After the New Orleans fiasco, I decided to move to Colorado—for the climbing, of course. I rented a U-Haul, saved $200, bought a case of ramen noodles, and basically kidnapped my girlfriend for the voyage to a place she surely knew held romantic ruin. But, gamely, along she came. She even bought a harness, although she rarely climbed. Once established in Denver, outside of getting a job in a climbing shop (of course) and discovering climbing gyms (uh-oh), I spent every shred of sunlight on the rock, placing gear, clipping bolts, and bouldering shirtless. I eagerly broke four ribs trying to teach myself to glissade, because I’m from Iowa and Iowans are not meant to glissade. My hair grew long and then started balding, and still I kept it long. This is how it went. I was a full-fledged climber now—a Colorado climber, a conquering hero if ever I returned to Iowa.
And then, four climber friends moved in, all stuffed into tiny bedrooms after a great deal of covert planning. I would arrive home late, after the shop and a three-hour gym session, to find my girlfriend alone in the living room, the guys having afforded her some space after smelling up the joint all day. At the time, I saw an adoring girlfriend happily watching a movie, welcoming me home. Only after our demise did I trip a psychological switch: She had been crying, and I was the cause.
Every single night the movie was Hope Floats, her very own Free Hueco; it was a 1998 romantic drama starring Harry Connick Jr. and Sandra Bullock. Bullock is rocked after her husband confesses his infidelity on a talk show. Connick Jr. is there to help pick up the pieces, eventually placing her in his pickup truck and driving off to wherever it is Harry Connick Jr. goes to seduce disconsolate women. This scene played out for a couple more years, until my girlfriend became someone else’s girlfriend while I was still her boyfriend, which I now realize was fair. After our five years of dysfunction together, her hope had floated away.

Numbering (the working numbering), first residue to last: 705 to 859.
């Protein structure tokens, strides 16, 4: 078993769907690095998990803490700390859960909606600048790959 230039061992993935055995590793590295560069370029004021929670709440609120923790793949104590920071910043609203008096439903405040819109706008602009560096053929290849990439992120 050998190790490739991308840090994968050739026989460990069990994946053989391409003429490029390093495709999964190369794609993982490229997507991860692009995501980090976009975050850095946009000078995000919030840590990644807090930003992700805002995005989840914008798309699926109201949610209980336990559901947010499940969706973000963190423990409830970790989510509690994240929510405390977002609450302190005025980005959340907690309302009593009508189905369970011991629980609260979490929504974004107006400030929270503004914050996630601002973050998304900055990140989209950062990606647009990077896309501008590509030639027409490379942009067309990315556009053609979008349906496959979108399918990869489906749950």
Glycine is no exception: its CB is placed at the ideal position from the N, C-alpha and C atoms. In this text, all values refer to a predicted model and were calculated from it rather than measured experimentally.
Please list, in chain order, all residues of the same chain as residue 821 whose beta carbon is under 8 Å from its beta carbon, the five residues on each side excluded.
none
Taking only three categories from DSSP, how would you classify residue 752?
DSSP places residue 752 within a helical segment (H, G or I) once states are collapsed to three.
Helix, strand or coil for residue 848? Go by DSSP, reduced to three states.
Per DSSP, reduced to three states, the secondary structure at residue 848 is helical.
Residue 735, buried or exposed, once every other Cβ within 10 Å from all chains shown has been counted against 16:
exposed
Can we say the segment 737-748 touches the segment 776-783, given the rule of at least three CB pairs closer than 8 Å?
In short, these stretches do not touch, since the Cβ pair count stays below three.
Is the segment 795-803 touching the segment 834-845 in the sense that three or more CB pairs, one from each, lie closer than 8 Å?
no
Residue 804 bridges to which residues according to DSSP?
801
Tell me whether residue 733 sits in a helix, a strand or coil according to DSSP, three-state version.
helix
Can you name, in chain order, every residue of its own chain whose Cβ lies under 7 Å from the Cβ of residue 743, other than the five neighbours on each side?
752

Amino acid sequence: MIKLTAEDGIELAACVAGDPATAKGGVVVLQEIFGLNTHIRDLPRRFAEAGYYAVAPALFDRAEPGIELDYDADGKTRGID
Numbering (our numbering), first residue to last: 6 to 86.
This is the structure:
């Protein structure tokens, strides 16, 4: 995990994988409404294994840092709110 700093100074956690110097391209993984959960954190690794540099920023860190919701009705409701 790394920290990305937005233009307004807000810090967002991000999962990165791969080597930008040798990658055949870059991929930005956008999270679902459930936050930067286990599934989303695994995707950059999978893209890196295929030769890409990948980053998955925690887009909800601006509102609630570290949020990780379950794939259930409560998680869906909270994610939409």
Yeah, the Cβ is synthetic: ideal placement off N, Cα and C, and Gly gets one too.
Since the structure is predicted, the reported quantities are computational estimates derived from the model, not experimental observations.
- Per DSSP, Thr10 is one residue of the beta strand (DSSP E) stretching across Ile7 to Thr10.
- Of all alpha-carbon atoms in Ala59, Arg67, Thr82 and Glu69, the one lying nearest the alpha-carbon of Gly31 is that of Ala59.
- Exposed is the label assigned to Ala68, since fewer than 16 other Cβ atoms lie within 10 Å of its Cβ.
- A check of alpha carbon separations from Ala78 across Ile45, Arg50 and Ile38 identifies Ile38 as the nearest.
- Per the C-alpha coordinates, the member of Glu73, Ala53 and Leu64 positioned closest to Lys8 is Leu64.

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Which brings us back to celibacy—my temporary reality post-break-up—and its many advantages. As I’ve learned, the celibate climber has all the time in the world to climb, without the heart-wrenching dysphoria depicted above. There’s literally no one to disappoint! Gone are the days of lusting after the scarcely clothed muscle puddles parading across the chalk-dusted gym mats. Never again will you wonder if you have a chance with a sensual climbing demigod (you probably don’t) because, employing the power of celibacy, it won’t even occur to you to try!
You’ll soon begin noting your freedom in amazing ways. The clubs and dive bars will no longer beckon, allowing alpine starts and headlamp bouldering sessions. You’ll no longer waste time cleaning your house to impress prospective romantic visitors and, indeed, may wonder why you need a house at all. Meanwhile, hygiene, once a courtship prerequisite, will become a diminishing echo, floating away like so much hope.
Now reborn as a being of pure thought and singular focus, you’ll begin reflecting on the necessity of interaction altogether. You may start to climb alone more, bouldering without spotters (who needs ‘em?) and free-soloing alpine moderates or even El Capitan (you could win an Oscar!). Yes, your obsession may seem upsetting to those oversexed libertines below as you run your twenty-fifth consecutive lap on the auto-belay. But their befuddlement is a merit badge you can proudly affix to your rippling chest. Imagine an existence bereft of quarrels and sad Sandra Bullock movies. A callused-finger chastity as pure and good as the finely ground chalk you swath yourself in. Celibacy is the only way. I’m going for it.
Now I just have to tell my girlfriend. She was away on a two-month climbing trip, but, boy, is she going to be surprised when she gets home!
Dave McAllister has hitched up in Denver for two decades. When not climbing or thinking about climbing, he spends his time as a freelance writer and co-host of the Thundercling Podcast (thundercling.com).